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I wnat to do something like:

if [[ git status &> /dev/null ]]; then
   echo "is a git repo";
else
   echo "is not a git repo";
fi

except I don't know how to do checking on the exit status. How do I fix this?

Thanks

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up vote 6 down vote accepted

Use $?, it contains the last commands return code

EDIT: precise example:

git status >& /dev/null
if [ $? -eq 0 ]; then
  echo "git status exited successfully"
else
  echo "git status exited with error code"
fi
share|improve this answer
1  
cough &> not >& – Phil P Mar 16 '10 at 20:04
    
@Phil - have you tried running >&? – orip Mar 17 '10 at 7:51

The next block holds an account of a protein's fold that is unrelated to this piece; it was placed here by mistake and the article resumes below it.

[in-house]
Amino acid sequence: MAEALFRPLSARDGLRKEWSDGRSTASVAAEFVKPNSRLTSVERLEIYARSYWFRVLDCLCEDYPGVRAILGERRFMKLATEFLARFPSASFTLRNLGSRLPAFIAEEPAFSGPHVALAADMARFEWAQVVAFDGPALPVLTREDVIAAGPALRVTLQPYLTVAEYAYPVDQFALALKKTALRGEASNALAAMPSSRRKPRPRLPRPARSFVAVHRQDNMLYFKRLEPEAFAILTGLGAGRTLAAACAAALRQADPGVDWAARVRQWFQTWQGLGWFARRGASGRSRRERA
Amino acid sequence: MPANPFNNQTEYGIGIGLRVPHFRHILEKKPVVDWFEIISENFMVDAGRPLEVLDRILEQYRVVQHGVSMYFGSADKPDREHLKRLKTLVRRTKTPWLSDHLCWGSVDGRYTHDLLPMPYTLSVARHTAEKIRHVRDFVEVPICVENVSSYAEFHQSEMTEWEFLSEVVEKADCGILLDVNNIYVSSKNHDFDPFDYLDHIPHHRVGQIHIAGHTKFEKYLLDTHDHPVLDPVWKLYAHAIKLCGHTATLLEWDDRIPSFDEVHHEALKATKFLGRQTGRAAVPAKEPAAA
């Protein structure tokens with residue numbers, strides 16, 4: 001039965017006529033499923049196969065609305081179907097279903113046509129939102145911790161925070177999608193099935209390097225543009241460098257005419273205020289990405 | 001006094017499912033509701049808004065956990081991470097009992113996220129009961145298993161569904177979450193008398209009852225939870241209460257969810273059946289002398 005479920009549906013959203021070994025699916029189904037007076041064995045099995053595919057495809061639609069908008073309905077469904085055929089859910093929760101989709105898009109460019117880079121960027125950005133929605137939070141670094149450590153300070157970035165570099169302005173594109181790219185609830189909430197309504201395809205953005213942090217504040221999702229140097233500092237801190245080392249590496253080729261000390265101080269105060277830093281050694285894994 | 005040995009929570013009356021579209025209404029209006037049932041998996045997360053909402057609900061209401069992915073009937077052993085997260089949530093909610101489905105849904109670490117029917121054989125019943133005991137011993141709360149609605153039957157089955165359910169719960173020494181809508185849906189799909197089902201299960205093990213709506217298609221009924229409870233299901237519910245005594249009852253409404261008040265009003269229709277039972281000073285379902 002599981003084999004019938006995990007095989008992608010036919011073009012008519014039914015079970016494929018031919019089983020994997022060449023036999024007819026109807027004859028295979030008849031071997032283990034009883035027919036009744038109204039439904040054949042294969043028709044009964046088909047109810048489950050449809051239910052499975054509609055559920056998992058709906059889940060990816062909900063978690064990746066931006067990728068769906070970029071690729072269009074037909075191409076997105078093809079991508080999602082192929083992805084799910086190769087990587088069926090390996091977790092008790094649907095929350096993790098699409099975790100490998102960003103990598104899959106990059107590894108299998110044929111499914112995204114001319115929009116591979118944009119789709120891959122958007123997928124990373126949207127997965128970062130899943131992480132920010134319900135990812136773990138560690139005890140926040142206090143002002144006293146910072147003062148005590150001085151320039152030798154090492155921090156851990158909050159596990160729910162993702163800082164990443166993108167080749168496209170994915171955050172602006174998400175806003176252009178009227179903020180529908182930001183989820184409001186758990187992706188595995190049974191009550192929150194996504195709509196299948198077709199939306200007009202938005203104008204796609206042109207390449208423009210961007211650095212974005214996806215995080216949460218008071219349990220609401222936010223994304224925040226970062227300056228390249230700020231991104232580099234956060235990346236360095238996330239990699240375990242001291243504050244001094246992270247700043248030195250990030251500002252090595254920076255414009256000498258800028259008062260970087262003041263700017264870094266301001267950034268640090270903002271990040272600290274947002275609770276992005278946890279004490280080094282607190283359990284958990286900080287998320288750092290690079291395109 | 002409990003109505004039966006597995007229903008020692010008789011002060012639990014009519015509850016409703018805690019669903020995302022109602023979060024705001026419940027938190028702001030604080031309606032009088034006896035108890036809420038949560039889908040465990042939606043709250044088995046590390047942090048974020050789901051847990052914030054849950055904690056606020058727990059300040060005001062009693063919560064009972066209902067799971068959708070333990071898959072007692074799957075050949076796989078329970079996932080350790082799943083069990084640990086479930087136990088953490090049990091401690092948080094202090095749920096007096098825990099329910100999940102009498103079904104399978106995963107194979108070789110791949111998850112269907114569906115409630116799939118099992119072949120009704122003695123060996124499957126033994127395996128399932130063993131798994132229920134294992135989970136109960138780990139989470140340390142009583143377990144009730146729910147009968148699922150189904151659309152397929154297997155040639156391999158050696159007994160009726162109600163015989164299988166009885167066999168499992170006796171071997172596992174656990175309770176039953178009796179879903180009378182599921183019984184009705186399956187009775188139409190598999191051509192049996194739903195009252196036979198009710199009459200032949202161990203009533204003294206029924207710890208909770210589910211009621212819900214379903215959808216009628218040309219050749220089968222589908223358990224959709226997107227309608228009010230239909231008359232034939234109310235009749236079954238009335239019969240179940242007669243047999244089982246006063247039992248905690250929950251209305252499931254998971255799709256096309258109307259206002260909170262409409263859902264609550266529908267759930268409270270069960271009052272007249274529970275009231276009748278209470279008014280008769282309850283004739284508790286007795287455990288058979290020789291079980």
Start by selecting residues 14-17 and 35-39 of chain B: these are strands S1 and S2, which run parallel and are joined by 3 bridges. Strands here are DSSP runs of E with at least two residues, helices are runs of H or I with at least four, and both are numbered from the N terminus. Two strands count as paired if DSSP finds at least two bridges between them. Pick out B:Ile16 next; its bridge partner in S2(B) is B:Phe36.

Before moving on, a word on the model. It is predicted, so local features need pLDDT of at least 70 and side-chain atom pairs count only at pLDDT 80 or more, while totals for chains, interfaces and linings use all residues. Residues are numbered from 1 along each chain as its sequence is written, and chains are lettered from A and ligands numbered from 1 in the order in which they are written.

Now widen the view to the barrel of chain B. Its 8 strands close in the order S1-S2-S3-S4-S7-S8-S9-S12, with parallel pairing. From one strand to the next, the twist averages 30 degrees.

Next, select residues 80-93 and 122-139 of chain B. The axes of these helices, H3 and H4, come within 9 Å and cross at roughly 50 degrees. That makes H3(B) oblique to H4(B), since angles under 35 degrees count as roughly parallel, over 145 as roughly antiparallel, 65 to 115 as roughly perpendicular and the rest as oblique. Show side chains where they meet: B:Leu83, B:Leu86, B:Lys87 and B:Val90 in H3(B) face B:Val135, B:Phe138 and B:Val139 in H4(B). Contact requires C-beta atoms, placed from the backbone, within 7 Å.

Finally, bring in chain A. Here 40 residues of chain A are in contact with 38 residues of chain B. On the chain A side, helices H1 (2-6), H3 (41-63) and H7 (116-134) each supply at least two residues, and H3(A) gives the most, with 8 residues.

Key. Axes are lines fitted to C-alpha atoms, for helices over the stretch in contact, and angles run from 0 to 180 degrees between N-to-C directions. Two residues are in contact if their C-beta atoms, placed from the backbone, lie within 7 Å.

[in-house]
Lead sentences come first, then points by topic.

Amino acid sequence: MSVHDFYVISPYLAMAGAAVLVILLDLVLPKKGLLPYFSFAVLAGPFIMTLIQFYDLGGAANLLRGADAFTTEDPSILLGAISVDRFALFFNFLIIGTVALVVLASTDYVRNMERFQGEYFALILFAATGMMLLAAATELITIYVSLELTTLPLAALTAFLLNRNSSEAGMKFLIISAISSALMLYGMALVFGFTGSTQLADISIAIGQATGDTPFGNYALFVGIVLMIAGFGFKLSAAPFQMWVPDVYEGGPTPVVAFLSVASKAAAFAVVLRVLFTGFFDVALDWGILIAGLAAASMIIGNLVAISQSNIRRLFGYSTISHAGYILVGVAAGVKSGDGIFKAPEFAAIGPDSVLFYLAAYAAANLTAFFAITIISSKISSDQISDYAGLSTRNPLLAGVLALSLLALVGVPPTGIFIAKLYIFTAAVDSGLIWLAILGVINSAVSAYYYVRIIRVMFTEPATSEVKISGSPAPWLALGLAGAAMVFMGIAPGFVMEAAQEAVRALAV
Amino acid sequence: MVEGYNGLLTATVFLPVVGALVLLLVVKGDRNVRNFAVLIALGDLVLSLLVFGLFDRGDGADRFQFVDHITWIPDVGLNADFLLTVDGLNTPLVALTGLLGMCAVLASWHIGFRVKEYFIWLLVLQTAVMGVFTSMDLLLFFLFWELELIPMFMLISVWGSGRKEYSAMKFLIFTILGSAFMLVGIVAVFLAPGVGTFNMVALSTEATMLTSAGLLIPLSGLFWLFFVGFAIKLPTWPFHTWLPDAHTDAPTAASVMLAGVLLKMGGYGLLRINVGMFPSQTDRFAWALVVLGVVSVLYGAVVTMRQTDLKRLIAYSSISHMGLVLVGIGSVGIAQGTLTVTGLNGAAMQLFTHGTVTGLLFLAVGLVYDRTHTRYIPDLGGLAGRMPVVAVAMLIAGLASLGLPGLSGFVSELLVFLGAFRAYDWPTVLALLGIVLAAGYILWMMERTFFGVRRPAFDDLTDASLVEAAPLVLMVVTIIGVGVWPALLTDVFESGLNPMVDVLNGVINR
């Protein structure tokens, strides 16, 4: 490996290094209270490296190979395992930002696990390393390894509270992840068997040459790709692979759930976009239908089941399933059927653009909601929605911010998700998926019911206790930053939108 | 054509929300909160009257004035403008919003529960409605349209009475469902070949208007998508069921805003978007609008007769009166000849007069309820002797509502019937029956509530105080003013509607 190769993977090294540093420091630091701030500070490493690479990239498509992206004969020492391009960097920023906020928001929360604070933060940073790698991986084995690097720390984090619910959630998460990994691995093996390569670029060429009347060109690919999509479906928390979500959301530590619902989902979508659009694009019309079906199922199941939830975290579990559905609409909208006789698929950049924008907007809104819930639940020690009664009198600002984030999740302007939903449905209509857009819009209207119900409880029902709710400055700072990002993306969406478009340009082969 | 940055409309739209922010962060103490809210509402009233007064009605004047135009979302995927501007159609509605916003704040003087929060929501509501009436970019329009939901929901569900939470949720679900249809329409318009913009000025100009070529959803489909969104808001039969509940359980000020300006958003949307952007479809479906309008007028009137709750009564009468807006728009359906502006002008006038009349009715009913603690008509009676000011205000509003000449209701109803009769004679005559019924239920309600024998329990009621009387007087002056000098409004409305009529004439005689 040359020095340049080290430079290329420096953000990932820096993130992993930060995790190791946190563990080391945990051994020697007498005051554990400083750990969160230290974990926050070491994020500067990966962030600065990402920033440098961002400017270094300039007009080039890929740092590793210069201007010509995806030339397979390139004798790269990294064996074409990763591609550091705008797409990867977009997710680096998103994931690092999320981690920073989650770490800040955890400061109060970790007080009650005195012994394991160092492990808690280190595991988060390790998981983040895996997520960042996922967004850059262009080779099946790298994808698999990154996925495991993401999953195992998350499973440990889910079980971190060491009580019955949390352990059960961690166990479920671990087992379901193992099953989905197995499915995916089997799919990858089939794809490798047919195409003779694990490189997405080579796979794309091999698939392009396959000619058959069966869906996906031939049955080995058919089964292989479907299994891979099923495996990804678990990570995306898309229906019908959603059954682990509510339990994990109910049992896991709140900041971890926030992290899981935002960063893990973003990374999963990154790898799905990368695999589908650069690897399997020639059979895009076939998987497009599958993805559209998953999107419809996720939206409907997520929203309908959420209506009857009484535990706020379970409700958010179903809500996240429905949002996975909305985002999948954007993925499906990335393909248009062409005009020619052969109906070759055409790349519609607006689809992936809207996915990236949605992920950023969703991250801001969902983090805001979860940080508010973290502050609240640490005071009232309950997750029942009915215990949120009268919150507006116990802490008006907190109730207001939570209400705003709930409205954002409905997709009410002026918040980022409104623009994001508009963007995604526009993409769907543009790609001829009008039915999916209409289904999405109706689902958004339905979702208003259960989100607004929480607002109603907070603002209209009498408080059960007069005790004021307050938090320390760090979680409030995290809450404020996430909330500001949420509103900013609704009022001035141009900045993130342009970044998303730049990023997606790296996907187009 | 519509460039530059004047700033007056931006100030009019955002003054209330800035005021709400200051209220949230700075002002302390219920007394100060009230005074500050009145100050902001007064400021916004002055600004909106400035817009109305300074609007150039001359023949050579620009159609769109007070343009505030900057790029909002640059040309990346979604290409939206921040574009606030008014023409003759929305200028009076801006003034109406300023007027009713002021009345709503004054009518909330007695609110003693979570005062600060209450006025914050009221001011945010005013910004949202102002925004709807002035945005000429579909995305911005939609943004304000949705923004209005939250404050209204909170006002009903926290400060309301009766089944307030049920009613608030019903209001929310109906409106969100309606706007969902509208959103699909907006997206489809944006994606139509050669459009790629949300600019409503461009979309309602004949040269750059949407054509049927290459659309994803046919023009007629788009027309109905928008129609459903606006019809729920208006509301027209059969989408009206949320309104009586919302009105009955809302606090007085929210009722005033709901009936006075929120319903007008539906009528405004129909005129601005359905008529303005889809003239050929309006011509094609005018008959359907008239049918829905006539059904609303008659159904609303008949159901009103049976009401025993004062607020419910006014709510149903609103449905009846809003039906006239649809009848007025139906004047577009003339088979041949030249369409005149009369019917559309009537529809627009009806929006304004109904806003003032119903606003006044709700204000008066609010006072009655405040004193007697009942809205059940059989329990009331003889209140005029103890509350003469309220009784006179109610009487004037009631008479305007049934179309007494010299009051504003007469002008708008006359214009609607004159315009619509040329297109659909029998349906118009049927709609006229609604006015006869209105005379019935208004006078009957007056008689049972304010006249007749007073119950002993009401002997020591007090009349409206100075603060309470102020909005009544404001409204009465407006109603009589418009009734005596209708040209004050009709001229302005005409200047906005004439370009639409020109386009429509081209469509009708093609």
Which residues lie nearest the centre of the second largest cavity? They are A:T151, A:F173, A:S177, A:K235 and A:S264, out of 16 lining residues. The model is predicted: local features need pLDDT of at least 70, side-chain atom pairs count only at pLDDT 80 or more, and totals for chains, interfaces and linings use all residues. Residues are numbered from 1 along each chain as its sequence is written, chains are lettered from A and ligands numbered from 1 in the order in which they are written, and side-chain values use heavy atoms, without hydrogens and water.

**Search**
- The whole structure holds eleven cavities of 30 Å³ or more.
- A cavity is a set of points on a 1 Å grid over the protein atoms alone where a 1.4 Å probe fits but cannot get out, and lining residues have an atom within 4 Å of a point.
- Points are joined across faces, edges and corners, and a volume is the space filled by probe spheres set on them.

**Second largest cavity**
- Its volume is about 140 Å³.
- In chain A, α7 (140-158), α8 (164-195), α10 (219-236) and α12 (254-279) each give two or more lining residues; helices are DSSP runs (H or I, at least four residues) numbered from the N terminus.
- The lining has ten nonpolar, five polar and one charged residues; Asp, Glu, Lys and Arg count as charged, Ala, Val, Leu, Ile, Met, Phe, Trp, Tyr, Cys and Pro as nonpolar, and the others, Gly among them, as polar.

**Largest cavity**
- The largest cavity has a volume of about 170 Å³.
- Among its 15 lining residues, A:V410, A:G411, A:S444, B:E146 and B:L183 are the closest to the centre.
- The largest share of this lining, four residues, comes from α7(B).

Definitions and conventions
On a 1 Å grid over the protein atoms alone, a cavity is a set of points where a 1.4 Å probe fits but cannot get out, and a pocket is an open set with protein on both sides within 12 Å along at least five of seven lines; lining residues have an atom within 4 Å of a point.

Oh right, forgot, >& does work, sometimes, depending on how ambiguous the syntax is -- it's a bad habit, though, and better to use &> which is not ambiguous. Sorry. – Phil P Mar 22 '10 at 3:42
1  
Just to be clear, git status can return a non-zero exit code for a lot more reasons than the absence of a git repo. – erb Nov 4 '14 at 10:43
    
Of course. This answer attempts to address the OP's zsh question about return codes, I completely agree that the git relevance is minimal. Perhaps I'll edit it. – orip Nov 4 '14 at 20:17

Simply like that

if git status &> /dev/null
then
   echo "is a git repo";
else
   echo "is not a git repo";
fi

Or in a more compact form:

git status &> /dev/null && echo "is a git repo" || echo "is not a git repo"
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